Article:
November 22, 2022 Message to the Membership

Posted on November 22, 2022 in

November 22, 2022 Message to the Membership

For many of us, this upcoming weekend is just another weekend. Albeit the last weekend in November, it’s yet another reminder that almost another full year has gone by and we’re fortunate enough to be another year older. 

For some, however, this weekend is the ultimate weekend to shop. The tradition of Black Friday, which is an American one by the way, has somehow snuck its way across the border into our annual holiday traditions. 

Black Friday, though it has fairly dark roots dating all the way back to a stock market crash on Friday, September 24, 1869, with other dark connotations between then and now, has somehow over the course of time turned into a positive story – particularly for retailers and their customers, who are patient enough to withstand the hordes of people and competitive spirit that sometimes prevails. 

Me for one, will not be among those horrors – I mean hordes – of people. I would much rather do just about anything than to be subjected to that barrage of people, particularly doing that sort of thing. It’s bad enough to go shopping when the stores are near empty, but I digress, that’s just my personal opinion. 

I raise this because – for those thousands upon thousands of you who actually enjoy this – I encourage you to Shop Local. I capitalize this term because it’s worth capitalizing as it needs the emphasis. It’s also the name of a longstanding campaign that was started decades ago by our friends at Rawlco Radio, whose slogan is to Shop at a Store With a Door. Again capitalized, well, you get the idea… 

These past nearly three years have not been easy on our retailers, who are usually the primary sector benefiting from the Christmas shopping season. So it’s more important than ever before for you to support your local retailer.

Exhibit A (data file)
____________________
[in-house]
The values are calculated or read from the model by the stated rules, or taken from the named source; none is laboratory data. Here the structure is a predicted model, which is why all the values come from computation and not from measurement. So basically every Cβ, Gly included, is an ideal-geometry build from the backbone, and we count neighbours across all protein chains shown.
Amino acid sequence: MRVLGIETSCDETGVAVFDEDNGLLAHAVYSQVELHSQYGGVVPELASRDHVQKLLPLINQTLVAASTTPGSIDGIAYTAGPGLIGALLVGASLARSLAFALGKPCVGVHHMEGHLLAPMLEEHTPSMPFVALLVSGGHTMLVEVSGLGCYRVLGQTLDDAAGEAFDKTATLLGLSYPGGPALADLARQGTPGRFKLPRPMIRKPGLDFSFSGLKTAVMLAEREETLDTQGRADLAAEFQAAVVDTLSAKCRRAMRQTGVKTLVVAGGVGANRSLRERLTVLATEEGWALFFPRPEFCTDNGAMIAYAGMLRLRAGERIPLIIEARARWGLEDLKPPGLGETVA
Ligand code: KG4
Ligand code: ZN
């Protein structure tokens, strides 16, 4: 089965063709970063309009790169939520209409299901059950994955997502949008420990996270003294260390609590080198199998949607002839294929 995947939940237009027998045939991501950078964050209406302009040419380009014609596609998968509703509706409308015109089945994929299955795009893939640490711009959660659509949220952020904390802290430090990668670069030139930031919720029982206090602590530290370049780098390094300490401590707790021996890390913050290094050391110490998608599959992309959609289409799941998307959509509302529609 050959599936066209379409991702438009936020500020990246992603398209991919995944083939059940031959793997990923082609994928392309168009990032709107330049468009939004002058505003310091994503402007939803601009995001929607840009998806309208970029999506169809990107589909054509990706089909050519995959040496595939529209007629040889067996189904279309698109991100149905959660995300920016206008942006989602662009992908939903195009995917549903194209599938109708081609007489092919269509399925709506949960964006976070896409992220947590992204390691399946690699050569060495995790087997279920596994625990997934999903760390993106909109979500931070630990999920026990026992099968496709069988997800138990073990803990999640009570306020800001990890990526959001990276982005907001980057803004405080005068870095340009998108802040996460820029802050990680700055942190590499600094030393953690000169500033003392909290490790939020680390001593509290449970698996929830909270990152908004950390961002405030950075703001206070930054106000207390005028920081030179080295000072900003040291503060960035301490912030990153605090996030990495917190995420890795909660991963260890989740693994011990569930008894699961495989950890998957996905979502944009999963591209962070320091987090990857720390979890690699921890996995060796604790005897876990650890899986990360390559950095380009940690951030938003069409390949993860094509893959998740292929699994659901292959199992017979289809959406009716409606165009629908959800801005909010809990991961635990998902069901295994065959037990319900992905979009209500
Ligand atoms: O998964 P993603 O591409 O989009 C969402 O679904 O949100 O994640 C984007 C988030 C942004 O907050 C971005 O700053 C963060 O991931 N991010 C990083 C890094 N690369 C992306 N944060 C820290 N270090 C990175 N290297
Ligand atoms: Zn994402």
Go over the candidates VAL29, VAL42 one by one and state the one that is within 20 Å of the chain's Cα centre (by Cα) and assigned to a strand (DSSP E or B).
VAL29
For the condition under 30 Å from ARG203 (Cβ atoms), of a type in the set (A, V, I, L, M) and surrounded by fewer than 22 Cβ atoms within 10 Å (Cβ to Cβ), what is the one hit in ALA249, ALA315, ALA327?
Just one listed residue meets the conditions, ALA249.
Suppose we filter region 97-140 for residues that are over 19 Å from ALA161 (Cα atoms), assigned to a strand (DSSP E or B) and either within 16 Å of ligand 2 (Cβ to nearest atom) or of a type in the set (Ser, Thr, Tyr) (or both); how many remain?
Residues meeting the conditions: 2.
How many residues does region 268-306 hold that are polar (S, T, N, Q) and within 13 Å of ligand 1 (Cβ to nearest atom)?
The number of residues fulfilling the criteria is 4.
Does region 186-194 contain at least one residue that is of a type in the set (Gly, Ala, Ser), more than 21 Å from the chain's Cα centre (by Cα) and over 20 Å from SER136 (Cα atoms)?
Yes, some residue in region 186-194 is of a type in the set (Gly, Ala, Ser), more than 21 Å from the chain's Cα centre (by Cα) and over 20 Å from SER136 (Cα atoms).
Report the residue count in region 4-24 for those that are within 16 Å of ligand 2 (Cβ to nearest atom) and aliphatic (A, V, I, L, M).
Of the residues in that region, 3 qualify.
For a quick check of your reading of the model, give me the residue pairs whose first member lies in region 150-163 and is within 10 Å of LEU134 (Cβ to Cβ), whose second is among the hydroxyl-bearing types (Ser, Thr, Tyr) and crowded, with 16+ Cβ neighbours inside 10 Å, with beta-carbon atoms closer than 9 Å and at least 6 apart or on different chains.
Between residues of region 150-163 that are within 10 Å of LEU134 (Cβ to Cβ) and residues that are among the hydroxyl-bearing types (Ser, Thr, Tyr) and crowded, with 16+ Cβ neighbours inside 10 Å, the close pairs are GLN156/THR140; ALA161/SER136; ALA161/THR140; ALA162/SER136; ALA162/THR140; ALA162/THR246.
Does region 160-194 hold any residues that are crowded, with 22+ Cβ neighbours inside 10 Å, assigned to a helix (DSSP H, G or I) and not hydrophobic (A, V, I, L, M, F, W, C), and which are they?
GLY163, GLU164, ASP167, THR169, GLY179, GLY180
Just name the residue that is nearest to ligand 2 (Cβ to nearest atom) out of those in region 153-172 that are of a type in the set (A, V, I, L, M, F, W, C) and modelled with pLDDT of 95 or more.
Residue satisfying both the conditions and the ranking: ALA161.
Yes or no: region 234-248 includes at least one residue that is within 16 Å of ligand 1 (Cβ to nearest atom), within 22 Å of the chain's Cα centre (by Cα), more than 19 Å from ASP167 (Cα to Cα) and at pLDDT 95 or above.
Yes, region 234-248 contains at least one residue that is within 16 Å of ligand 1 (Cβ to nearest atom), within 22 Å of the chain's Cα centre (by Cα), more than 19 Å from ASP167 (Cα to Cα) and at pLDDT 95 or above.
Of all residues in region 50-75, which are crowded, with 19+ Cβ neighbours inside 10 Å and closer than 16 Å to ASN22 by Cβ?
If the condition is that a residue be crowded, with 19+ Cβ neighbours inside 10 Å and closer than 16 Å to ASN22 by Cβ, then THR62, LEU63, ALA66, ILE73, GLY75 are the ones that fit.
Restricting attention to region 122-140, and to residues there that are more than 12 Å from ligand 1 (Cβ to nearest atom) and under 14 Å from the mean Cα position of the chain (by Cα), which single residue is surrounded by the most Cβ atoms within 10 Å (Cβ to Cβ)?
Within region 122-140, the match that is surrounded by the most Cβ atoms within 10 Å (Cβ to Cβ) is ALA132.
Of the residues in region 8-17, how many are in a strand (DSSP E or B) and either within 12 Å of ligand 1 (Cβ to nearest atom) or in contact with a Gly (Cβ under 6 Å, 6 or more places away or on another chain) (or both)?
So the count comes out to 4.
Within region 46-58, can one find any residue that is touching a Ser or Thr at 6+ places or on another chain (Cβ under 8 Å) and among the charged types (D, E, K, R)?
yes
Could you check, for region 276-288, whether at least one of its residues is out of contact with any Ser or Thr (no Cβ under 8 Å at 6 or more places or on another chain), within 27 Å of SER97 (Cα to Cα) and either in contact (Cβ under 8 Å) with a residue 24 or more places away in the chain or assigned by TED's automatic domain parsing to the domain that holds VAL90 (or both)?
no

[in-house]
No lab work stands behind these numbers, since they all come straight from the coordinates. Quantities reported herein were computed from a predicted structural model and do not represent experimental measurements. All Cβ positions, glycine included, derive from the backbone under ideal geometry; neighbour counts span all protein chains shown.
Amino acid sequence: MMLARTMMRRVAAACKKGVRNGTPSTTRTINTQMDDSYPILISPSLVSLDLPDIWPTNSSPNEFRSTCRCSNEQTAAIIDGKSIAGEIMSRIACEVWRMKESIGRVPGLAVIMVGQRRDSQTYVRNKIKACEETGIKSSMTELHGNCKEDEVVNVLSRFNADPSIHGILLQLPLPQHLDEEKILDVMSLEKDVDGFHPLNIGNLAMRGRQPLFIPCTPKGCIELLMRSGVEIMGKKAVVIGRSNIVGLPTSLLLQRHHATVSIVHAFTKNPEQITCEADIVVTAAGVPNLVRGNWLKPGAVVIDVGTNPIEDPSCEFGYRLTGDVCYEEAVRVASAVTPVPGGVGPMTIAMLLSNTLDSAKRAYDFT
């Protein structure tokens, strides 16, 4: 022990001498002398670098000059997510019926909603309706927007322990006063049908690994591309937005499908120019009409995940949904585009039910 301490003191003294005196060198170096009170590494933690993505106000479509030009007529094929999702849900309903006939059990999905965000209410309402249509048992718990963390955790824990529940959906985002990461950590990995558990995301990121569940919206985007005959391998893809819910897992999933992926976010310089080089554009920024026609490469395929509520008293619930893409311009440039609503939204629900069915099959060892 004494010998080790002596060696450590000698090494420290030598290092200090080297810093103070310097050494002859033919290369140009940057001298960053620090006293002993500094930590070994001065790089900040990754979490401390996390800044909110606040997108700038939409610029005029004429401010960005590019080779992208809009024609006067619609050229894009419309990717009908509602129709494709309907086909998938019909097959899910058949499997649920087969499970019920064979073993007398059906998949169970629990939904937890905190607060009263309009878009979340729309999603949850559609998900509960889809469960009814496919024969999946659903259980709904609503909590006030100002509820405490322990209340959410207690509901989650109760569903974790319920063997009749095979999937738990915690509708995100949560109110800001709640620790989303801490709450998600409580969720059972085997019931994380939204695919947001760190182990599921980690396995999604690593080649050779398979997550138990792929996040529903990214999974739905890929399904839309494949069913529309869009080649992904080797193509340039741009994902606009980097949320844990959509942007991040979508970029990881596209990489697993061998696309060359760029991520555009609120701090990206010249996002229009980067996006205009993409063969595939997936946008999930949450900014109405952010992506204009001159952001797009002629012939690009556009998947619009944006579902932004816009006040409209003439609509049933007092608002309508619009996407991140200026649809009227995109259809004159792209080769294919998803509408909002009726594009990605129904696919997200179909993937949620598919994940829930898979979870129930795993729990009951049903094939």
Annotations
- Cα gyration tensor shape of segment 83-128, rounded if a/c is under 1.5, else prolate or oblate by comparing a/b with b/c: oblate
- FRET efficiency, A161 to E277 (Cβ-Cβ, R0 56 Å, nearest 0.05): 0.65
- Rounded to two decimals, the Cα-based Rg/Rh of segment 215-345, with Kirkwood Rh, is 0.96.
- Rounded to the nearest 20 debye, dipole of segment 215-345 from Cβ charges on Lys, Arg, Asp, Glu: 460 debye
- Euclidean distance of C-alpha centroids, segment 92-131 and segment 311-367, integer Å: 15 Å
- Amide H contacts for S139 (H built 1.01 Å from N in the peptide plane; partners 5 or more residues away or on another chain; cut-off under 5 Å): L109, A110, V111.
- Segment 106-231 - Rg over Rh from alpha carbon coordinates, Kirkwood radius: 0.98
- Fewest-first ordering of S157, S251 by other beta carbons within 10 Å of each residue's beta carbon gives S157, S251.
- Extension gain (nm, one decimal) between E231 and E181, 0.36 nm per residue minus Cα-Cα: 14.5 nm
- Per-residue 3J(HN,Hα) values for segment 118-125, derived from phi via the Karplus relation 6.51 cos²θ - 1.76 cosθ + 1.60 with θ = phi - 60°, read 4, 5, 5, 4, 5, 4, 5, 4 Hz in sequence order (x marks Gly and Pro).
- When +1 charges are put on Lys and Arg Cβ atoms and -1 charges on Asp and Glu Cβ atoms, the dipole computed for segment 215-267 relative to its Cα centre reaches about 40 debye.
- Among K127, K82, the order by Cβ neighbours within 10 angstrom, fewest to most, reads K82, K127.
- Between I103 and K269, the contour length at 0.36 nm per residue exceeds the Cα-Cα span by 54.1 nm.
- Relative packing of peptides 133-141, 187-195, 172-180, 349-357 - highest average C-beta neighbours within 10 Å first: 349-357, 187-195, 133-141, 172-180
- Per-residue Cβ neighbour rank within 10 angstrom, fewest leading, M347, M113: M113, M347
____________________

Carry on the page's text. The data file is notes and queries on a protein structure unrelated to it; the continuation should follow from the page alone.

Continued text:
These are the folks that employ your kids – oftentimes giving them their first job. Or they could be employing those of your friends, or of your neighbours. Or they might be providing a career for an up-and-coming professional, or for a retiree that’s looking for part-time work. They are the ones that will take the time to train newcomers. They are the epitome of the phrase, the Mom and Pop Shops. 

Aside from that, they are also the ones that will be asked upon to support the local soccer team, or youth group, or be asked for donations to whatever charity of the day. And they are also the ones who will, assuming they actually have the capital, ability, or inventory to do so. 

Interestingly, one of the reasons the phrase Black Friday came to be is because it’s said that retailers were in the red for the first 10-plus months of the year, but were finally able to turn their books around – into the black – on the Friday following American Thanksgiving. 

Think about that for a moment. You work all year trying to keep your losses at a minimum in the hopes that your year could turn around in the final six weeks of the year. Yikes. I don’t think many of us would have the stomach for that.  

Oh wait, aside from farmers, I don’t think that many of us would have the stomach (or nerves) for that. 

But back to Black Friday. It’s gotten even more contemporary, by incorporating Small Business Saturday (and Sunday) along with Cyber Monday. Again, I encourage you to apply each of these marketing schticks to your local vendors. 

Particularly the cyber part. It’s more often than not that a local shop will have some form of online presence, and within that presence is usually the opportunity to purchase something. So check out what the local shop has online before going anywhere else. 

It’s a frightening thought to think of a city without an ample supply of retailers. But that’s precisely what could happen, should online shopping continue its upward trajectory.  

It’s estimated that $5.5 trillion will be spent worldwide on online shopping this year. If that trend keeps on, soon we will be nothing more than online stores with giant warehouses scattered across the country.  

And with driverless vehicles on the horizon, it doesn’t take a rocket surgeon to figure out where this could lead, and how it would impact our economy. 

Shop Local. At a Store With a Door. Your neighbours will thank you, and so (hopefully) will your kids, or your grandkids. 

Keith Moen 

Executive Director 

Sign up for NSBA News
Subscribe to our email list for our weekly newsletter, upcoming events, and all the latest.

Sign Up Now